Stratasys acquires Arevo 3D printing assets and IP  

3D printer manufacturer Stratasys has acquired the technology portfolio and Intellectual Property (IP) of carbon fiber 3D printing firm Arevo. This acquisition follows the 3D printing hardware auction of Arevo’s assets, which was held last month. 

Initially focusing on commercializing its AQUA 3D printers and manufacturing carbon fiber composite structures, Arevo shifted to full-time production of its 3D printed SuperStrata bikes in 2020. Despite raising $70 million in B Bridge, B1, B2, C, and crowdfunding, the company ceased operations last year, fulfilling 96% of its bike orders. 

Arevo’s IP includes patents relating to carbon fiber 3D printing, localized laser melting and roller compaction for Z-strength improvement, AI-powered build monitoring, and hardware design. 

This will add to Stratasys’ 2,600 granted and pending patents. The firm claims that the acquisition will expand its ‘addressable manufacturing applications,’ and increase adoption of its FDM 3D printers.  

“The technology we’ve acquired allows for increasingly improved isotropy of physical properties in FDM parts, which opens up additional use for customers,” commented Rich Garrity, Stratasys’ Chief Industrial Business Officer. 

“This investment continues our commitment to focusing our organic and inorganic innovation on applications and use cases that provide real value to our manufacturing customers, ensuring that Stratasys will continue to be the most relevant and attractive partner moving forward,” added Garrity.

Stratasys' Headquarters in Rehovot, Isreal. Photo via Stratasys.
Stratasys’ Headquarters in Rehovot, Isreal. Photo via Stratasys.

Stratasys acquires Arevo’s assets and  IP

Stratasys will leverage the IP to further develop its FDM 3D printing technology, and overcome customer challenges relating to the production of parts with high strength and good isotropy. It is also hoped that the integration of this IP will enable more reliable and consistent build quality, as well as higher 3D printer throughput.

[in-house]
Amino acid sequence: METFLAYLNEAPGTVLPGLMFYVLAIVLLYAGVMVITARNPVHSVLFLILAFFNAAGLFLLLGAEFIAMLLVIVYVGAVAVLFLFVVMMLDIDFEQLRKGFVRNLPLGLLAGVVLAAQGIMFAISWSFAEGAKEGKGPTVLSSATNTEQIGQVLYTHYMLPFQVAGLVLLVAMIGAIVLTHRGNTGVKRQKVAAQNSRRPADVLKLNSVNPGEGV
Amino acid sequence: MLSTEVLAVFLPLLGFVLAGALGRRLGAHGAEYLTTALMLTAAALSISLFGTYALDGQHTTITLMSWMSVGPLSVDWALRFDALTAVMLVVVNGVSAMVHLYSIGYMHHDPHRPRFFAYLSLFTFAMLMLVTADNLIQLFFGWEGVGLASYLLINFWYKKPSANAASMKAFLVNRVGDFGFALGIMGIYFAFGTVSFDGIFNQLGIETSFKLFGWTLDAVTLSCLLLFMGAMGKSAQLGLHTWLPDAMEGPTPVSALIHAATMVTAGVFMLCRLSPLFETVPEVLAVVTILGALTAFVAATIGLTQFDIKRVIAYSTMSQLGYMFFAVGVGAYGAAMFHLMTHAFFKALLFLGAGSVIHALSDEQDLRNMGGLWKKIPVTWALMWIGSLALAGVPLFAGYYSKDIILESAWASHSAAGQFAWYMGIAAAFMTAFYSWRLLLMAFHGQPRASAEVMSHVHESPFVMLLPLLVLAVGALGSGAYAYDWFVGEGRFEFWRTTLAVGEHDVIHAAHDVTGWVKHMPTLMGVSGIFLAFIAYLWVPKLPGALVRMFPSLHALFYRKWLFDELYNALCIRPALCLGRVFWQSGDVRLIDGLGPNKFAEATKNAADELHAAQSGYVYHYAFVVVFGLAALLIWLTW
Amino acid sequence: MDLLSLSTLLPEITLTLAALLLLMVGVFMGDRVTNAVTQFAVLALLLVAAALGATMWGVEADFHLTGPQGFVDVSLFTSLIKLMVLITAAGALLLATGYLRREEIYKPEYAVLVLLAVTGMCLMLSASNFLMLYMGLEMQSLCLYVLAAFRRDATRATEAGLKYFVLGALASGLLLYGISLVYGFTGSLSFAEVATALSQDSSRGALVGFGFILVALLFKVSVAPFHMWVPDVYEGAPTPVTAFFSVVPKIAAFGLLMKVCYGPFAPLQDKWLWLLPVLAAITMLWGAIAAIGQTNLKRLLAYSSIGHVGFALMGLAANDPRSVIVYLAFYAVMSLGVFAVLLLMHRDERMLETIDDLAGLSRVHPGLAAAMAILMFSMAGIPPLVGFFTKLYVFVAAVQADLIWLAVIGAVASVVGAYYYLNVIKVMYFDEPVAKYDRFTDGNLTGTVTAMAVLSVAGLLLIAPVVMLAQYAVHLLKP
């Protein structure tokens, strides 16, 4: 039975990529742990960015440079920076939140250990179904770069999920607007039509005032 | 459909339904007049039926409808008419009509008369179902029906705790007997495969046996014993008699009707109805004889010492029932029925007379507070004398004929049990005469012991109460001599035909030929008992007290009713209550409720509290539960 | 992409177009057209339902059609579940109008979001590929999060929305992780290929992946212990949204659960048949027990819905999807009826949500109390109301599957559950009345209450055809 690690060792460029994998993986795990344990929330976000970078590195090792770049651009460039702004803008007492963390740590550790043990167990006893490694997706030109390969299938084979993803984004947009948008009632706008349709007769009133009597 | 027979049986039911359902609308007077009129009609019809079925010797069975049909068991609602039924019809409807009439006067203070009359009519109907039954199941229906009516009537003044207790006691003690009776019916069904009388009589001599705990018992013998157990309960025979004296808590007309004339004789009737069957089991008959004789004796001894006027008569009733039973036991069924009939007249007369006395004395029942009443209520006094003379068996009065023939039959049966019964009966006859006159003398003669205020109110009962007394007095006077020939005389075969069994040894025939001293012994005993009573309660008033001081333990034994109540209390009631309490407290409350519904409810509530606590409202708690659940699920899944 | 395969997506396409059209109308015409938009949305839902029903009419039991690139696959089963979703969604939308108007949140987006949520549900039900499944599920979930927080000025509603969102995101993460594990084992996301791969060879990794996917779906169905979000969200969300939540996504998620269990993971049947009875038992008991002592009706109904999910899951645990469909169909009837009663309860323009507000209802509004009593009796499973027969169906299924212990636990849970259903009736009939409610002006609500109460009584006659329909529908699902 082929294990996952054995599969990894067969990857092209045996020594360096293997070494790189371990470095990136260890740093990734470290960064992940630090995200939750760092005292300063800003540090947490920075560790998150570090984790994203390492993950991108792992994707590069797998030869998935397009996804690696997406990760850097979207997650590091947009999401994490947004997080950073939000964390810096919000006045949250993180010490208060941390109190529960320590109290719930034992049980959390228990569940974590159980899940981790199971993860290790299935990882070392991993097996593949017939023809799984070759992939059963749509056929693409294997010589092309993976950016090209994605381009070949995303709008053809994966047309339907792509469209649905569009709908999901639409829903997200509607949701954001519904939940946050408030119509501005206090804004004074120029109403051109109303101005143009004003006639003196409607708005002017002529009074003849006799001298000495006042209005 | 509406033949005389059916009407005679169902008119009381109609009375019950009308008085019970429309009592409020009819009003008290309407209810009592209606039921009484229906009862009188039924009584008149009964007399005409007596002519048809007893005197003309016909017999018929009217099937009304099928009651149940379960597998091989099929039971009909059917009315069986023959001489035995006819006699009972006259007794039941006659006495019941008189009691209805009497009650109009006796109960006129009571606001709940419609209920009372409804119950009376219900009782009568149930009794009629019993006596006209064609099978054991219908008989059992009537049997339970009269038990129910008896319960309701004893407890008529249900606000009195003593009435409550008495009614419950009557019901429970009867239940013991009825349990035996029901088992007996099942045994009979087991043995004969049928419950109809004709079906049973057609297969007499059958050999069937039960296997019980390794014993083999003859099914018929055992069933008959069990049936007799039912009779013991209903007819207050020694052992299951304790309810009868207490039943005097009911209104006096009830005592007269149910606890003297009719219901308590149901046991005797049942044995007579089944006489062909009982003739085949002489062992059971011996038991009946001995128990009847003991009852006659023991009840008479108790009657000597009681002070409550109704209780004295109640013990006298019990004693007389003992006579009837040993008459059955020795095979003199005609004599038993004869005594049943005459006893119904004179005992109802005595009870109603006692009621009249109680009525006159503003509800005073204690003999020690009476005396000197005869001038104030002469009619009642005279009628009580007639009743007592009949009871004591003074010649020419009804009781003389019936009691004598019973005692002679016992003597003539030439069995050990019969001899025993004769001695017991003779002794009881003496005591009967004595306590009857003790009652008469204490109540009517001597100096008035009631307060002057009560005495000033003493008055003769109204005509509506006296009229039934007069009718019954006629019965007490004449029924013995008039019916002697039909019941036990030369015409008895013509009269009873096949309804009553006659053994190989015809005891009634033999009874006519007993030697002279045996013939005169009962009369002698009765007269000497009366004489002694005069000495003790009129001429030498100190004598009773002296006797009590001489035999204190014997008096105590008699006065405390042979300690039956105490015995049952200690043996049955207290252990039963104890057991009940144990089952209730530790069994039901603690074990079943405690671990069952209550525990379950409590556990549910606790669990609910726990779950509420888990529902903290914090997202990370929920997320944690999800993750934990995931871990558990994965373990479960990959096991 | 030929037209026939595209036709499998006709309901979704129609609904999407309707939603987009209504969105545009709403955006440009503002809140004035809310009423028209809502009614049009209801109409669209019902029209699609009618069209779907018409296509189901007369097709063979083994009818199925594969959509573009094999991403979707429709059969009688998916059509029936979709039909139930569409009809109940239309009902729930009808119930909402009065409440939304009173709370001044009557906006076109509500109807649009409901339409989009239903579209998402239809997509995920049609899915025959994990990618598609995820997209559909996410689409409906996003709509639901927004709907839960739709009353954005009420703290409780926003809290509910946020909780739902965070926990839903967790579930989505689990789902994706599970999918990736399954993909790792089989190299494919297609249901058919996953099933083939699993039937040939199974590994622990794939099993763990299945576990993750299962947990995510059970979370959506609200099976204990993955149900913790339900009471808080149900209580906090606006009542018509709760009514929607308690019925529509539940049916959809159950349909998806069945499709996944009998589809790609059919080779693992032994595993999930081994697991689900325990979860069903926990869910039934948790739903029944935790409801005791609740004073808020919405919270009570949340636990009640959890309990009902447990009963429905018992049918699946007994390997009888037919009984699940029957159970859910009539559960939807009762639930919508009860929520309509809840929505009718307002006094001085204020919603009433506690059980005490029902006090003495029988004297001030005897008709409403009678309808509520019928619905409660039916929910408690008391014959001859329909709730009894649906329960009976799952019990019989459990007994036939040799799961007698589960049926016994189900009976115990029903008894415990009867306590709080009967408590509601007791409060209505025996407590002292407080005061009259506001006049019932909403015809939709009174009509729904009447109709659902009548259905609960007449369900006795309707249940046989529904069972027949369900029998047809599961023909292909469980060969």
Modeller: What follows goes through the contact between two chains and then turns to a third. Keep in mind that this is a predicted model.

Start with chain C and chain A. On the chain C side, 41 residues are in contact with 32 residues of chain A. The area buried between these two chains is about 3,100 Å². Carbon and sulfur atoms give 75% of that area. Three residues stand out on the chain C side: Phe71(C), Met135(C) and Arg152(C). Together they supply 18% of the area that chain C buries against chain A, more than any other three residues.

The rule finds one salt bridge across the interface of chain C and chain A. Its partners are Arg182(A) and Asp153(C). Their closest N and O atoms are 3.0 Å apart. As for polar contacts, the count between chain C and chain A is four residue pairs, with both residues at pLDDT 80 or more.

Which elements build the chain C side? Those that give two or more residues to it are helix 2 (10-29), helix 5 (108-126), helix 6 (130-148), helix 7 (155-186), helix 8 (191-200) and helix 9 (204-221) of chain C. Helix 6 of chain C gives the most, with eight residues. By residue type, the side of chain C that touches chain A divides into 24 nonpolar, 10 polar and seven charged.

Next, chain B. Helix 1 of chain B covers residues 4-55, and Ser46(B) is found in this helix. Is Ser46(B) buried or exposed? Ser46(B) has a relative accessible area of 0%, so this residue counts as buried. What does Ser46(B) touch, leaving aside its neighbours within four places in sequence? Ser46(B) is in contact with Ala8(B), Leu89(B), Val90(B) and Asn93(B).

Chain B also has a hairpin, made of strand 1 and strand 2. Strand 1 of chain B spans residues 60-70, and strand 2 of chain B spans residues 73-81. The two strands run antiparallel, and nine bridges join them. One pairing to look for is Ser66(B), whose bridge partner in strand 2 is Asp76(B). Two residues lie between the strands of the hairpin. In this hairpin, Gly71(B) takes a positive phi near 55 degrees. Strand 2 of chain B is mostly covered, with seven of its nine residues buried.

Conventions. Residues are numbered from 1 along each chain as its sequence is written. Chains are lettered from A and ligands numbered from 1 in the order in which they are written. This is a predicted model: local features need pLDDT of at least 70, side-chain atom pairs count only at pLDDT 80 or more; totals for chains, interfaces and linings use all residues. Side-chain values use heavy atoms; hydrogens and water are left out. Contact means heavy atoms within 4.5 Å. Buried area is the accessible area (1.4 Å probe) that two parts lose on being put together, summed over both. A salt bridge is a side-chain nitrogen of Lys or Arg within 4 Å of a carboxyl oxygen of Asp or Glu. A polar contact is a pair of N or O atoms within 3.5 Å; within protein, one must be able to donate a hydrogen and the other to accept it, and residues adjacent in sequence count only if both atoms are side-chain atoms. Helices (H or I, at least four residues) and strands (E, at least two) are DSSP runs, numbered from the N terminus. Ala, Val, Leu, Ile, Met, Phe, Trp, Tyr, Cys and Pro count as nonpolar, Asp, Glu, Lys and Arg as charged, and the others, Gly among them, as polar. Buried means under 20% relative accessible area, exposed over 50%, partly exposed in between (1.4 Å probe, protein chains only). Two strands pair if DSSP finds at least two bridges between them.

This asset and IP purchase is said to reflect Stratasys’ investment strategy to create value for customers. This includes organic research and development (R&D) and technology acquisitions. 

The availability of Arevo’s assets was first made public in January 2024. An email from Silicon Valley Disposition announced the auction of the firm’s ABB IRB 4600 Robots, 3D Printers, Superstrata Urban Bikes, Chillers, and IPG Diode Laser Modules.   

Arevo’s SuperStrata bikes were marketed as being the “World’s first custom-fit, unibody bicycle frame 3D-printed in continuous carbon fiber composite.” Launched on crowdfunding site Indiegogo, the company raised $7 million from over four thousand backers. 

However, despite this funding and $70 million received from investors such as Khosla Ventures, GGV Capital, In-Q-Tel, and, operations ceased last year. In a February 2023 LinkedIn post, Arevo stated that “our remarkably challenging journey has reached its rewarding conclusion.”

AREVO's 3D printed bike frame. Photo via AREVO
AREVO’s 3D printed bike frame. Photo via AREVO

3D printing assets up for sale 

The sale of Arevo’s technology and IP reflects a broader trend of asset sales and auctions within the 3D printing industry. 

It was announced last month that 3D printing service provider Shapeways auctioned off $5 million of its Desktop Metal 3D printing technology. Taking place between 26-27 February, the auction featured a catalog of metal 3D printing hardware including Desktop Metal P1 Production System 3D printers, Shop System binder jet 3D printers, BMD 3D printers, powder stations, powder blenders, sintering furnaces, and drying ovens. 

This is the second such auction from Shapeways, with the company having listed $4 million worth of Desktop Metal 3D printing technology in October 2023. These asset sales reflect recent poor financial results from the company, following the completion of a $605 million SPAC deal with Galileo Acquisition Corp (GLEO) in 2021. 

In the firm’s Q3 2023 numbers from November 2023, Shapeways reported revenue of  $8.4 million. This was significantly lower than the $150 million revenue the company projected for FY 2023 in 2021. 

Elsewhere, back in 2022 product design and manufacturing service provider SyBridge Technologies acquired the assets of bankrupt 3D printing bureau Fast Radius in a deal worth around $15.9 million. 

Founded in 2017, Fast Radius signed a $1.4 billion merger with SPAC ECP Environmental Growth Opportunities in July 2021. However, just 16 months later, the company filed for bankruptcy, due to “turbulence in the capital markets which severely hampered the company’s ability to set up the required capital structure.”   

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Featured image shows Stratasys’ Headquarters in Rehovot, Isreal. Photo via Stratasys.